If you’re going to measure the Orioles’ 2020 season by how many promising players they’ve found, it’s a success.
A year ago, the Orioles were happy to find that John Means was an effective starter, that Anthony Santander was a power-hitting rightfielder and that Austin Hays was a major league centerfielder.
Means, who more than any other Oriole starter was handicapped by the shortened season, experienced arm fatigue to begin 2020 and then lost his father, who was only 57.
In his last two starts, he’s pitched well and likely has two starts remaining. Means, Keegan Akin and Dean Kremer appear to give the Orioles a base for their 2021 rotation.
Santander had 11 home runs and had played well in right field before his season-ending oblique injury.
Hays, who has missed nearly a month because of rib fracture, could return this week, and there’s little he has to do to show manager Brandon Hyde that he’ll be a key component in 2021.
“I’m not looking to really evaluate,” Hyde said. “I’m looking for him to just play. I believe in the player, and I like the player a lot. I don’t think he get off to the start that he had in mind. He finished the year so well last year.”
Before he was placed on the injured list, Hays hit .203 in 19 games. In 2019, when he played the last three weeks of the season for the Orioles, he hit .309 with four home runs and 13 RBIs in 21 games.
“I think he’s extremely talented,” Hyde said. “I like him defensively. I like him offensively. I like that he’s able to hit the ball to all fields. I think he’s got some juice where he can really drive the ball to the opposite field. I’m not looking for him to put pressure on himself to play well these last couple of weeks like he’s getting evaluated.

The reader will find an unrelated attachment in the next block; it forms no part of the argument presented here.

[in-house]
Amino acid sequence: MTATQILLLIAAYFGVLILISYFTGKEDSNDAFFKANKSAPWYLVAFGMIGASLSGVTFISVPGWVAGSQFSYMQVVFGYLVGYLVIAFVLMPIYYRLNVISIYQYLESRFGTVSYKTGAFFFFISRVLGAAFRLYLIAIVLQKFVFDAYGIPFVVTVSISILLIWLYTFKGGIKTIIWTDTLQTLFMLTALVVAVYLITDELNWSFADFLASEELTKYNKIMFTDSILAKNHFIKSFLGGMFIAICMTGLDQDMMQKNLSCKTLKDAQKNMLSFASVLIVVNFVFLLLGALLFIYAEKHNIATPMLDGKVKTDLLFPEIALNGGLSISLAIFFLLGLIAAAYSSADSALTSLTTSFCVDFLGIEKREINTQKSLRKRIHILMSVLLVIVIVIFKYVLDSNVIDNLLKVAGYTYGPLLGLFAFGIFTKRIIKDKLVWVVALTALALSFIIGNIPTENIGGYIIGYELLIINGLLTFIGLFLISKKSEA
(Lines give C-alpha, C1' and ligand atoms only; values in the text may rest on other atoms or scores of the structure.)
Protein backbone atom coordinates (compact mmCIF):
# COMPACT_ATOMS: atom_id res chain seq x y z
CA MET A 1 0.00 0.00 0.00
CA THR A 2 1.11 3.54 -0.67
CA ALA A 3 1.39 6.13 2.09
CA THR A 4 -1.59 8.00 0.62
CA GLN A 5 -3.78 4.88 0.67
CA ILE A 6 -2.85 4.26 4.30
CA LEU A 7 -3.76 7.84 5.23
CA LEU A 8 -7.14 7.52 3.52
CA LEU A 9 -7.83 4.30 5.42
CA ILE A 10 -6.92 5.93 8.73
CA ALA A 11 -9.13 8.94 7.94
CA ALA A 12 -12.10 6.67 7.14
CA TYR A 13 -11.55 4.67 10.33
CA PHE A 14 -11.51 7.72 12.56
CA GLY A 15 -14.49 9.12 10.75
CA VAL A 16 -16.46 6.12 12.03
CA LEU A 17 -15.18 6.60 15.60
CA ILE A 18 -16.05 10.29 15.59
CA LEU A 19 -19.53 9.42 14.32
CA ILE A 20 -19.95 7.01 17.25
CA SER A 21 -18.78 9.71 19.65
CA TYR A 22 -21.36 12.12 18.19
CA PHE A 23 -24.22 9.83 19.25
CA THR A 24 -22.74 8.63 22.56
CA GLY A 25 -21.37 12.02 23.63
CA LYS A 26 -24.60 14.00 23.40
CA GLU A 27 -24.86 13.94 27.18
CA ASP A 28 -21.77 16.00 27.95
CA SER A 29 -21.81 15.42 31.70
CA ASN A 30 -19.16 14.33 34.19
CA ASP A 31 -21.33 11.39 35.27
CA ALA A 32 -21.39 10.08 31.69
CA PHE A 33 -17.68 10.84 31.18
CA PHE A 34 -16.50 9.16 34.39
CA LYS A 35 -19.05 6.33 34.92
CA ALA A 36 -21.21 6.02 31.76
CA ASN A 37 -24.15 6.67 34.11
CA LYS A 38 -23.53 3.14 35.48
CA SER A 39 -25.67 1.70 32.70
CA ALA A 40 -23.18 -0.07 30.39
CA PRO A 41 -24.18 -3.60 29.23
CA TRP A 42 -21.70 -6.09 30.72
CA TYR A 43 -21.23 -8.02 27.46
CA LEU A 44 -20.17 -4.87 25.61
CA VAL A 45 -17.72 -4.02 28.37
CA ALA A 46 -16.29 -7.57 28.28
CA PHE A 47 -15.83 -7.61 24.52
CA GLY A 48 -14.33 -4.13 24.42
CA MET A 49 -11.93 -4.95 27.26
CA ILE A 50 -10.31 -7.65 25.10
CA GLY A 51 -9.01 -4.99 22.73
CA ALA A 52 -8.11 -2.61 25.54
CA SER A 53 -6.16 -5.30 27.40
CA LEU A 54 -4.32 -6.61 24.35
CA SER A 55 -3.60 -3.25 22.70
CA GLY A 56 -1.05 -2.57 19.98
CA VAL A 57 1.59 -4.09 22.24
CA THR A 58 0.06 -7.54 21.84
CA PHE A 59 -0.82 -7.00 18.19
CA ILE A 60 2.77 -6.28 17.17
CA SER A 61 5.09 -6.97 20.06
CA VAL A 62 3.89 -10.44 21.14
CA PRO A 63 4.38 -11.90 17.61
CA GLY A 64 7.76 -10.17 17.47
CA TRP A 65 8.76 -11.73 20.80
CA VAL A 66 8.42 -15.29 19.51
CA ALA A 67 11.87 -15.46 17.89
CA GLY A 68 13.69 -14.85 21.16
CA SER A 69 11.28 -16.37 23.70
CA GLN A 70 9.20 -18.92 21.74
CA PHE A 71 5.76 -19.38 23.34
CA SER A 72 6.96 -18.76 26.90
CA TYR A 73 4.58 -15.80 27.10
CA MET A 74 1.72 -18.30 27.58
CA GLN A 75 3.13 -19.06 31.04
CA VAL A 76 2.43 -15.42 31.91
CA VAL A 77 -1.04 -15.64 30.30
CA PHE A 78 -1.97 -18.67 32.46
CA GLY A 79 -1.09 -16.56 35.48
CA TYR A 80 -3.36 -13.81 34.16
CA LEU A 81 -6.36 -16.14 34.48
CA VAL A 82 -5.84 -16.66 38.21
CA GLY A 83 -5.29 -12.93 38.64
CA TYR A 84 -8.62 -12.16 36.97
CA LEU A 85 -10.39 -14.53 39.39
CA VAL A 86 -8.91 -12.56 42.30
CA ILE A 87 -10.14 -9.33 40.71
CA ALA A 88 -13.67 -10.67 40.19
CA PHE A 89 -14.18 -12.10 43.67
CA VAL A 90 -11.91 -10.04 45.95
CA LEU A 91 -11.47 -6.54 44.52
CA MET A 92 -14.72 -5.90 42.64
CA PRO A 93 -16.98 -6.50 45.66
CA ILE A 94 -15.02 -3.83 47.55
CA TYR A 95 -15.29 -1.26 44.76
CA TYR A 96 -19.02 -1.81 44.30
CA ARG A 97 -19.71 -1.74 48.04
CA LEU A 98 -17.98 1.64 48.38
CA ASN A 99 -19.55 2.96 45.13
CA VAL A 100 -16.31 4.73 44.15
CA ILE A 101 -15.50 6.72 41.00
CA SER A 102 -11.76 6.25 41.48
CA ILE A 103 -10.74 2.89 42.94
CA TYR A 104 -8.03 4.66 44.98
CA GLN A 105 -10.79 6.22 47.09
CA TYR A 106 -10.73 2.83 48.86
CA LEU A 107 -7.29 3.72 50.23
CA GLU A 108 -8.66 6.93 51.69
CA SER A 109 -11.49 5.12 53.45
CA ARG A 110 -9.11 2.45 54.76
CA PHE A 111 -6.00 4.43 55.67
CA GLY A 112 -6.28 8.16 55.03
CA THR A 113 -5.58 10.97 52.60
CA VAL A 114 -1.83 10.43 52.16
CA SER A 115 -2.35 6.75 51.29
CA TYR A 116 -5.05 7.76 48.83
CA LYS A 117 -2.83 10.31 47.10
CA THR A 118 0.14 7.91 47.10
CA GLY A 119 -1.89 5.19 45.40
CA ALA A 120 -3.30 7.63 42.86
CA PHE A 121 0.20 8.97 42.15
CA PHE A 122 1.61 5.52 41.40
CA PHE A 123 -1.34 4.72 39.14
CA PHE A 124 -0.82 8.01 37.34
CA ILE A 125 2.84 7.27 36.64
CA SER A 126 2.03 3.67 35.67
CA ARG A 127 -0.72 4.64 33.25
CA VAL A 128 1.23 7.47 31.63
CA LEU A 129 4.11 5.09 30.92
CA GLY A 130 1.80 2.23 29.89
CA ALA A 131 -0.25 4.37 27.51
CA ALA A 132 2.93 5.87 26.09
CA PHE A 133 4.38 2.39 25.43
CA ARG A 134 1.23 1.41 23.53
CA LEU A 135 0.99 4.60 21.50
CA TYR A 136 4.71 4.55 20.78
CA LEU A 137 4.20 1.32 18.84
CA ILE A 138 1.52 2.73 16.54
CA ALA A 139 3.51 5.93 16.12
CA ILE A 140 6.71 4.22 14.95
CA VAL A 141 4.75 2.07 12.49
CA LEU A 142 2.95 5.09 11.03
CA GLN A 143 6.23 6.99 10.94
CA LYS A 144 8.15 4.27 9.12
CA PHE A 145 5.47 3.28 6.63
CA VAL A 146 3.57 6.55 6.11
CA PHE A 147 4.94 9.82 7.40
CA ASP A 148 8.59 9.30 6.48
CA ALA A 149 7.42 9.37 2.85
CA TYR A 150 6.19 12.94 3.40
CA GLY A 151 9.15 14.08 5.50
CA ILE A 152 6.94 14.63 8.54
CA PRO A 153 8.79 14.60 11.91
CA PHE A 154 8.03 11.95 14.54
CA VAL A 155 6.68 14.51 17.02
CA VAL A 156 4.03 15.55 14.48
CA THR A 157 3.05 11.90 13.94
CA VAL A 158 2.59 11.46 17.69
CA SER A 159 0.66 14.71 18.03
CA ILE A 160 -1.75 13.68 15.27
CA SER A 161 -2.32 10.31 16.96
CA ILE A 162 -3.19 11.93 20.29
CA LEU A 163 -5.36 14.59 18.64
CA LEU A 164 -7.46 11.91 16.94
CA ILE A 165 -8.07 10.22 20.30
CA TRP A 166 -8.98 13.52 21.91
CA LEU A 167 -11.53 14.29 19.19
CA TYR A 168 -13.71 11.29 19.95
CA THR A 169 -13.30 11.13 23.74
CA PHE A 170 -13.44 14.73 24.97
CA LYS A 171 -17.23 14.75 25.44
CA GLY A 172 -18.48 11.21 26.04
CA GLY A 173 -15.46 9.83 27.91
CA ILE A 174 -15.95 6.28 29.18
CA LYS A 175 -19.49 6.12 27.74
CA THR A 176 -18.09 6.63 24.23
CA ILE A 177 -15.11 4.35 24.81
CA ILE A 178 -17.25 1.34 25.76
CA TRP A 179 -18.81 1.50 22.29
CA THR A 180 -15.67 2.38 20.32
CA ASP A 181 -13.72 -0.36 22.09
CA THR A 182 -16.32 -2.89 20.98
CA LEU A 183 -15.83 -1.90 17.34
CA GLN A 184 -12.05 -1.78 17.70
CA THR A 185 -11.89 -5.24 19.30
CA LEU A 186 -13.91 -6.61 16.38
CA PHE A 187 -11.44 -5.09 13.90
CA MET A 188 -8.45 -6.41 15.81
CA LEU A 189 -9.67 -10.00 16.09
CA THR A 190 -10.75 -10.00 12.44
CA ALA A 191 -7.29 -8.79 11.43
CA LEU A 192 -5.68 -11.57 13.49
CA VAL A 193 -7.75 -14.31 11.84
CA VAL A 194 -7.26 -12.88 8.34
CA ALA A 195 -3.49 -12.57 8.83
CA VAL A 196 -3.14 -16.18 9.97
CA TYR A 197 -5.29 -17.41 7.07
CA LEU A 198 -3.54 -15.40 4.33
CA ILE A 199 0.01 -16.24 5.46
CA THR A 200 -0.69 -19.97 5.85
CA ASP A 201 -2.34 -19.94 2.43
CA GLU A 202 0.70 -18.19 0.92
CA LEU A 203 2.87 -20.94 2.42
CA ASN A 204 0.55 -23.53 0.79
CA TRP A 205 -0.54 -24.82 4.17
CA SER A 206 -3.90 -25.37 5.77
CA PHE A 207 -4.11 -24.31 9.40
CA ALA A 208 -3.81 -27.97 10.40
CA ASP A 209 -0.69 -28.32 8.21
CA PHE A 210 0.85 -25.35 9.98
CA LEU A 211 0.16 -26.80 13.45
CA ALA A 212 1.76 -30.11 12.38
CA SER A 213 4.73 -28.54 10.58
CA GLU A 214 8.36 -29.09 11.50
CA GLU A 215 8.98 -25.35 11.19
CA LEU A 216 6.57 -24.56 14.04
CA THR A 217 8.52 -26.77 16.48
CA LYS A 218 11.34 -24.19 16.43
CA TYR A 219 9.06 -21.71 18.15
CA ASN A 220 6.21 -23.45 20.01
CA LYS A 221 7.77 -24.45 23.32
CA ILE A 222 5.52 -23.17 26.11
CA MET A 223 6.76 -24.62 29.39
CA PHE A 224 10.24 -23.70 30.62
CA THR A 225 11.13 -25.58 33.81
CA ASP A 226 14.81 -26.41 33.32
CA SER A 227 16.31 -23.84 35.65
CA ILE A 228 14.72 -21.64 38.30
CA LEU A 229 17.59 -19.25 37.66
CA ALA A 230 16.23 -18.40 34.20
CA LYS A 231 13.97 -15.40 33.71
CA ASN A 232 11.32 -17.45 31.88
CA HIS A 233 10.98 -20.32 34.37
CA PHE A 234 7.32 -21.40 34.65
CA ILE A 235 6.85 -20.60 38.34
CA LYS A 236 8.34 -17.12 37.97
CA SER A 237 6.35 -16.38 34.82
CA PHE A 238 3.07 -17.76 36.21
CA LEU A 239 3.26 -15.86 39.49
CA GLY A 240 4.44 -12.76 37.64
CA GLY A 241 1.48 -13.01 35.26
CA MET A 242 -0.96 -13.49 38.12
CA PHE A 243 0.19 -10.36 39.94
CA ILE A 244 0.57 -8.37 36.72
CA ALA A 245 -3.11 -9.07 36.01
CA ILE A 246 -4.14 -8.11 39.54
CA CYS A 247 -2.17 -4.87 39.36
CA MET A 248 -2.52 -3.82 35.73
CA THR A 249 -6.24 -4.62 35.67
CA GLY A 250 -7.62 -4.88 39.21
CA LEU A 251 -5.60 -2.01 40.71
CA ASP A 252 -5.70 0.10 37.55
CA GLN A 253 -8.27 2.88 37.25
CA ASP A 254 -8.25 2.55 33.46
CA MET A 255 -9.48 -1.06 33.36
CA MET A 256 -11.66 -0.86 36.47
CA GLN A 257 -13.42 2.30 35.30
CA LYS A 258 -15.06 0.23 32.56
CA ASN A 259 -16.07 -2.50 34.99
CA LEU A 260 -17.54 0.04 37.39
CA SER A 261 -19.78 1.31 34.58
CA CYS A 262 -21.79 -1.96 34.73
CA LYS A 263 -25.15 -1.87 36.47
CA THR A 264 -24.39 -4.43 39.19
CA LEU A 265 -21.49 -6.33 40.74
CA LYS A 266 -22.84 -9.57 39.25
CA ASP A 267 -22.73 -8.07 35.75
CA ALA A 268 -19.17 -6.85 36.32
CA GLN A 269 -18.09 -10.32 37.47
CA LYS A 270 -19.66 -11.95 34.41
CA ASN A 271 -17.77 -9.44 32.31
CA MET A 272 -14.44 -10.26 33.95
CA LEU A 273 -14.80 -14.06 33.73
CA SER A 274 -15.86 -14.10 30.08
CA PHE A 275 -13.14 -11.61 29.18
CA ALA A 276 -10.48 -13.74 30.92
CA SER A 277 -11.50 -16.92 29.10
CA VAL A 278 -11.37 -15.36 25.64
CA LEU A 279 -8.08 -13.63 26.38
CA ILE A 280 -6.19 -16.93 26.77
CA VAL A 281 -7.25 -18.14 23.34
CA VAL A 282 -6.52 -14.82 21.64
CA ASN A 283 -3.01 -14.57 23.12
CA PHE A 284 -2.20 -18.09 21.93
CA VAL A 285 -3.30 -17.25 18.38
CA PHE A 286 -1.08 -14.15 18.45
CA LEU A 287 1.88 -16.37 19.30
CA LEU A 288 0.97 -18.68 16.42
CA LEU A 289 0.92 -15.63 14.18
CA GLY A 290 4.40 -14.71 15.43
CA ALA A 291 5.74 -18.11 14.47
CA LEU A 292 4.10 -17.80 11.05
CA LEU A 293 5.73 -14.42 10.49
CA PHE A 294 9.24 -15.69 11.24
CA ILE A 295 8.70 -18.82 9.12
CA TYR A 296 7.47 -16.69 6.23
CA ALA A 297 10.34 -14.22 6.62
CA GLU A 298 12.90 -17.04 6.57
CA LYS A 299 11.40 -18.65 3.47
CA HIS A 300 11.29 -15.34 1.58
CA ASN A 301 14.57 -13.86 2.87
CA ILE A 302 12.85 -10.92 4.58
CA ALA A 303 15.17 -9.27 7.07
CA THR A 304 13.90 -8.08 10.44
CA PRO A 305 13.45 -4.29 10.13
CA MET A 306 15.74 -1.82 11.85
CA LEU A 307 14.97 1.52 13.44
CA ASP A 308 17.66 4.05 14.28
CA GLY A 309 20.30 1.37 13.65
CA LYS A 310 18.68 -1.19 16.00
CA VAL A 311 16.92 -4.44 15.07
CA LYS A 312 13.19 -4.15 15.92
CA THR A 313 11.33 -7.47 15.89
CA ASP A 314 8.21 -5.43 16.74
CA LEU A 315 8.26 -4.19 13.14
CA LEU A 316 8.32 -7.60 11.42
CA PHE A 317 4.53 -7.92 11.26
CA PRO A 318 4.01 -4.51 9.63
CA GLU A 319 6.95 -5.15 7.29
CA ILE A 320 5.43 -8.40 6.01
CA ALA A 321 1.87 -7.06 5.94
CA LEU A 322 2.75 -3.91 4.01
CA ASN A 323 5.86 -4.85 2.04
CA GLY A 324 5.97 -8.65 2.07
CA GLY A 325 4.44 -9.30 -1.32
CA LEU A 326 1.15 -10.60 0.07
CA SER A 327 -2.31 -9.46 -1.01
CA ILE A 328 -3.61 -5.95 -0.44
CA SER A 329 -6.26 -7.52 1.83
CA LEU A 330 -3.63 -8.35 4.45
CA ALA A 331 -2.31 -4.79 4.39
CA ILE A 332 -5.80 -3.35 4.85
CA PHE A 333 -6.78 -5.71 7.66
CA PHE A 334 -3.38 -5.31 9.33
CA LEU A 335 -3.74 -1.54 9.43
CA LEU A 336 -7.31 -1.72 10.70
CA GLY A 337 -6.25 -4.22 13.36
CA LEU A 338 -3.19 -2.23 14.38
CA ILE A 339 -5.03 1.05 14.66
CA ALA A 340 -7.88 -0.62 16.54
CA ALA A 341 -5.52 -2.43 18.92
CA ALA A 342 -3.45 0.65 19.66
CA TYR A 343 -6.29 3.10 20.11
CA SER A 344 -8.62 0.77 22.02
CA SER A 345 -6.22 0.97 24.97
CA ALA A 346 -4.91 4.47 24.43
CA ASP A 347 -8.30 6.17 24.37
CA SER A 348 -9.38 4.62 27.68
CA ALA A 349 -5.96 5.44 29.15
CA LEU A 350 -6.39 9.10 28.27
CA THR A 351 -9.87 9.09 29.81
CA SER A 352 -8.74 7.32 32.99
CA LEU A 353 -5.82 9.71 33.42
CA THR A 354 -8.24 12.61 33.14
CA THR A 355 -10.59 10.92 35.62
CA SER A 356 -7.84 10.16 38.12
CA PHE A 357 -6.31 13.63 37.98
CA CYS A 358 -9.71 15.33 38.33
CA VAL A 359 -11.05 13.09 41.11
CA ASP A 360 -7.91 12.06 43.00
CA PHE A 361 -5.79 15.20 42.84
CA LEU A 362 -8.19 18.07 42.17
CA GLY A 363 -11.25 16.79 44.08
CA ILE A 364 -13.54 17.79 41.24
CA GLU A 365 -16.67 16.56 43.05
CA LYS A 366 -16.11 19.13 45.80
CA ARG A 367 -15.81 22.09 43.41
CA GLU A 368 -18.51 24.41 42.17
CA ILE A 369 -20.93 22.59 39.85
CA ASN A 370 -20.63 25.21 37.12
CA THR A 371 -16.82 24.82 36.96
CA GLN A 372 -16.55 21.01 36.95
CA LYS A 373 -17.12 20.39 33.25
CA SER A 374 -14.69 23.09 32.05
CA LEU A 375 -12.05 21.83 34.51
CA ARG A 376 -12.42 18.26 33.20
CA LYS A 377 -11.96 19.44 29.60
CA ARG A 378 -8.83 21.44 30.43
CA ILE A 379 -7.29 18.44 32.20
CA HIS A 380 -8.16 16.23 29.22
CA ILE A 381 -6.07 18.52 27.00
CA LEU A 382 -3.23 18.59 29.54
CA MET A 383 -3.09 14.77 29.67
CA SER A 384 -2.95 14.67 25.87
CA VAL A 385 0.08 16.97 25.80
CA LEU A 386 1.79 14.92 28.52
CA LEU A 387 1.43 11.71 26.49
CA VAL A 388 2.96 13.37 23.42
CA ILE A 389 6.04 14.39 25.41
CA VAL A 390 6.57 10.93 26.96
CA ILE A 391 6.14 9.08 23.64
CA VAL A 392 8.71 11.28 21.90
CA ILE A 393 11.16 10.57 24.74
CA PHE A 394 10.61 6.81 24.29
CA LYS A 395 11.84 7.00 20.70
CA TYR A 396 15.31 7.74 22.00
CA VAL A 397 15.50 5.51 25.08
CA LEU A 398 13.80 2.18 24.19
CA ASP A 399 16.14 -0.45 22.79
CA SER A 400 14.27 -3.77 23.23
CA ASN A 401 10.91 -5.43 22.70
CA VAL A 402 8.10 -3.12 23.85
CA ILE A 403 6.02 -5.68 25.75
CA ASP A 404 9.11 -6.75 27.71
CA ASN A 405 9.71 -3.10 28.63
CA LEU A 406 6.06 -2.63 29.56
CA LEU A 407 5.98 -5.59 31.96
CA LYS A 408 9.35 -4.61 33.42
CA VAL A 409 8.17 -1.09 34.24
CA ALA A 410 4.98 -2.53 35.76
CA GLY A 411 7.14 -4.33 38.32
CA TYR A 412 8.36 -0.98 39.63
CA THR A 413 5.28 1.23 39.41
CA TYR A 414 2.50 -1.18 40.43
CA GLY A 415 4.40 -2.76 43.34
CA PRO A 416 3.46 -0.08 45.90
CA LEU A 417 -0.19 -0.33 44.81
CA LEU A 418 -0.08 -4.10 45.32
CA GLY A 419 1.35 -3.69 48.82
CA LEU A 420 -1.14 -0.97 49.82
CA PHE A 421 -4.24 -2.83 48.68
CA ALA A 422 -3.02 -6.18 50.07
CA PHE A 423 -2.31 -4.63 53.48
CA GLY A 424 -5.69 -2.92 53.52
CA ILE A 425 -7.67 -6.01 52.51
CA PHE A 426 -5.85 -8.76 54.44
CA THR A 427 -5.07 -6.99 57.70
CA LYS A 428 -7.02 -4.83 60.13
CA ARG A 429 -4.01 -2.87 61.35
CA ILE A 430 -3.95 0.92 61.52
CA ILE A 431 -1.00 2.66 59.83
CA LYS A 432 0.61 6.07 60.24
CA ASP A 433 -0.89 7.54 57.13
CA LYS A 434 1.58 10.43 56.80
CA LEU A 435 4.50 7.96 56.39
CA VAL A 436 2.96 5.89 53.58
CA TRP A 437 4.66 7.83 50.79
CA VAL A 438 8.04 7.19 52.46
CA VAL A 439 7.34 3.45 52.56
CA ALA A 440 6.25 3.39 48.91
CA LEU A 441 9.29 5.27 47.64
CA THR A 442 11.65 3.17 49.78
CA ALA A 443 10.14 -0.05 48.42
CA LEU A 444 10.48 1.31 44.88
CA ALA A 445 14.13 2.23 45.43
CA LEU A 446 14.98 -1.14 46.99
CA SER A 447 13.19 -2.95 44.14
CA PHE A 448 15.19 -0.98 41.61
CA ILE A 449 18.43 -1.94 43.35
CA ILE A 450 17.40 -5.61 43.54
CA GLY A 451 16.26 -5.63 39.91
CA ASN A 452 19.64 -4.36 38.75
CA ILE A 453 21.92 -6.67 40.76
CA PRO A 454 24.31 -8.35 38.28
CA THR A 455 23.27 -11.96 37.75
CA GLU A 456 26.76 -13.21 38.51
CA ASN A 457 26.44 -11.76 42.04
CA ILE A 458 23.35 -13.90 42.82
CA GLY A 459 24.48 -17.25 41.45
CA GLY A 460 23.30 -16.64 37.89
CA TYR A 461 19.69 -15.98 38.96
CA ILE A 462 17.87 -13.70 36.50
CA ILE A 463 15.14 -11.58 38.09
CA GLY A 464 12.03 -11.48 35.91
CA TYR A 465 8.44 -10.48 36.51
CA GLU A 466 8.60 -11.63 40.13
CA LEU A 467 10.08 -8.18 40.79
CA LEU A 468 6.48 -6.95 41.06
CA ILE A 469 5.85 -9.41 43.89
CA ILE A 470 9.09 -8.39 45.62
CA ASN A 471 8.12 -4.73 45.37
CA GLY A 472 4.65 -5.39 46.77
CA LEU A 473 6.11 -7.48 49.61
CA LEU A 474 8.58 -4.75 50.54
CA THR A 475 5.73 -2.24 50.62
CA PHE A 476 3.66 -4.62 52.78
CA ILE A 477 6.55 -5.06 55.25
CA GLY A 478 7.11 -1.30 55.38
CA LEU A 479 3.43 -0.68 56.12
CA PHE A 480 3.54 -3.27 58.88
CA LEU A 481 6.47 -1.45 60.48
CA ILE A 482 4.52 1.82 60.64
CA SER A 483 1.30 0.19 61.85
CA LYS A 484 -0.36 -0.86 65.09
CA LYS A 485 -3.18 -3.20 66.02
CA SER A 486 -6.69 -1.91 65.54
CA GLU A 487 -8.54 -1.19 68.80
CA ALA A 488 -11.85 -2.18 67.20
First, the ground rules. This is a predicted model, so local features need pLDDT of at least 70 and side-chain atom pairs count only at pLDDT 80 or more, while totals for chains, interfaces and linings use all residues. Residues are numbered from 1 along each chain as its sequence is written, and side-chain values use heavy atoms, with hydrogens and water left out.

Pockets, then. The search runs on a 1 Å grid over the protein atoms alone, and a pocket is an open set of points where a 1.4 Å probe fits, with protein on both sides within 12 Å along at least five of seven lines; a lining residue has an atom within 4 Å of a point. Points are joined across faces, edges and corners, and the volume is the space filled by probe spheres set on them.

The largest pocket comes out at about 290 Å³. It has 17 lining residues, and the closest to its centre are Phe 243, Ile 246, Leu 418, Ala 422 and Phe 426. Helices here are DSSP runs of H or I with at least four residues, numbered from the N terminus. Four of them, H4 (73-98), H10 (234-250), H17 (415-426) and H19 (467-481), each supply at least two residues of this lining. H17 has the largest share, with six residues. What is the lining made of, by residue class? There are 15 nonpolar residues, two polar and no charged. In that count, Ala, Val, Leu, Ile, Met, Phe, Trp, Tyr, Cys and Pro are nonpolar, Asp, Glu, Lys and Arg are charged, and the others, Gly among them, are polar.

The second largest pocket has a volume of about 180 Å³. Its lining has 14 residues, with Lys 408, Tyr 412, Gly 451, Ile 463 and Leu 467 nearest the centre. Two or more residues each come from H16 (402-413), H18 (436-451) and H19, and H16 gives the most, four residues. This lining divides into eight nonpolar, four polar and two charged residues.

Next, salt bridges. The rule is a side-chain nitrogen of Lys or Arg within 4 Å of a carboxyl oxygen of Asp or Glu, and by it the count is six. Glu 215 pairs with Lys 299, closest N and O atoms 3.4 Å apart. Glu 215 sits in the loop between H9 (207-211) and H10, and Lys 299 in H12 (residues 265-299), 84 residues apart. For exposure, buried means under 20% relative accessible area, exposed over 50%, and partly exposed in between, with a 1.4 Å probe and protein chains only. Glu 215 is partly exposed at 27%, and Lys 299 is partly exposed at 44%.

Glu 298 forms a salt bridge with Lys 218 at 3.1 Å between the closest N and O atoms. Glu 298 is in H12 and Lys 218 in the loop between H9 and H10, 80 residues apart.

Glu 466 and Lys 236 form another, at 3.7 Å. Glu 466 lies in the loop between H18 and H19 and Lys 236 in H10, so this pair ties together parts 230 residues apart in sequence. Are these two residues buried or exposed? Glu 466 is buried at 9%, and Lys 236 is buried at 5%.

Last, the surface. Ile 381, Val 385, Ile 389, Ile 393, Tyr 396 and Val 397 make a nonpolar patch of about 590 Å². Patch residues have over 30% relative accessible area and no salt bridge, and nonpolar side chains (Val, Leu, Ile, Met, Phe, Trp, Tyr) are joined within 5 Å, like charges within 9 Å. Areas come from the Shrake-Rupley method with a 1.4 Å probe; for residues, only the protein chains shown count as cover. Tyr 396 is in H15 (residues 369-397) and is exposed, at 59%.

“I just want him to go play. I think the organization is really high on him. I think he’s going to be a really good major league player.”
The Orioles like what they see in the outfield. They won’t have Hays, Santander and Ryan Mountcastle playing together this year, but they’ve discovered that Mountcastle is a competent leftfielder and that DJ Stewart also brings a power bat to right.
Cedric Mullins has played well in center field and, suddenly, the Orioles seem to have a surplus of outfielders.
“It might be crowded, but it seems to always work out,” Hyde said. “I think we’re excited about our outfield corps.”
The Orioles also have Ryan McKenna, who accompanied the team to New York on the taxi squad, and Yusniel Diaz, who’s at the Bowie alternate site. McKenna is on the 40-man roster.
Last year, Stewart missed most of the season because of an ankle injury that required surgery. Mullins had a 6-for-64 start with the Oriole, and was sent to the minor leagues in April, never to return.
“Stewart and Mullins … the improvement they’ve made from last year, it’s incredible,” Hyde said.
Stewart, who didn’t have a hit in his first 17 at-bats this season, is hitting .250 with six home runs.
“It’s confidence,” Hyde . I think that there’s a little bit more upright in his setup. He’s more on time with the fastball than I’ve ever seen him.”
One of the more puzzling Orioles is catcher Chance Sisco. In 28 games, Sisco has a .230 batting average but a .380 on-base percentage. In 92 plate appearances, Sisco has walked 14 times and been by a pitch four times.
“I think Chance is only going to improve,” Hyde said. “He’s improved a lot from last year, and I think that’s going to continue. I like the swing mechanic changes that he started this past offseason. I think that’s going to continue to get more comfortable. I think you’re going to see more power and drive …
“What makes Chance different than a lot of others is the ability to really not chase out of the strike zone. We talked about that a little last year when he first got here, the ability to take a walk, the ability to get in hitter’s counts, lay off borderline pitches, not chase. Because of that tool that he has, and as his swing continues to improve, I think you’re going to see a guy that’s always going to have a high on-base and hit with a little higher average.”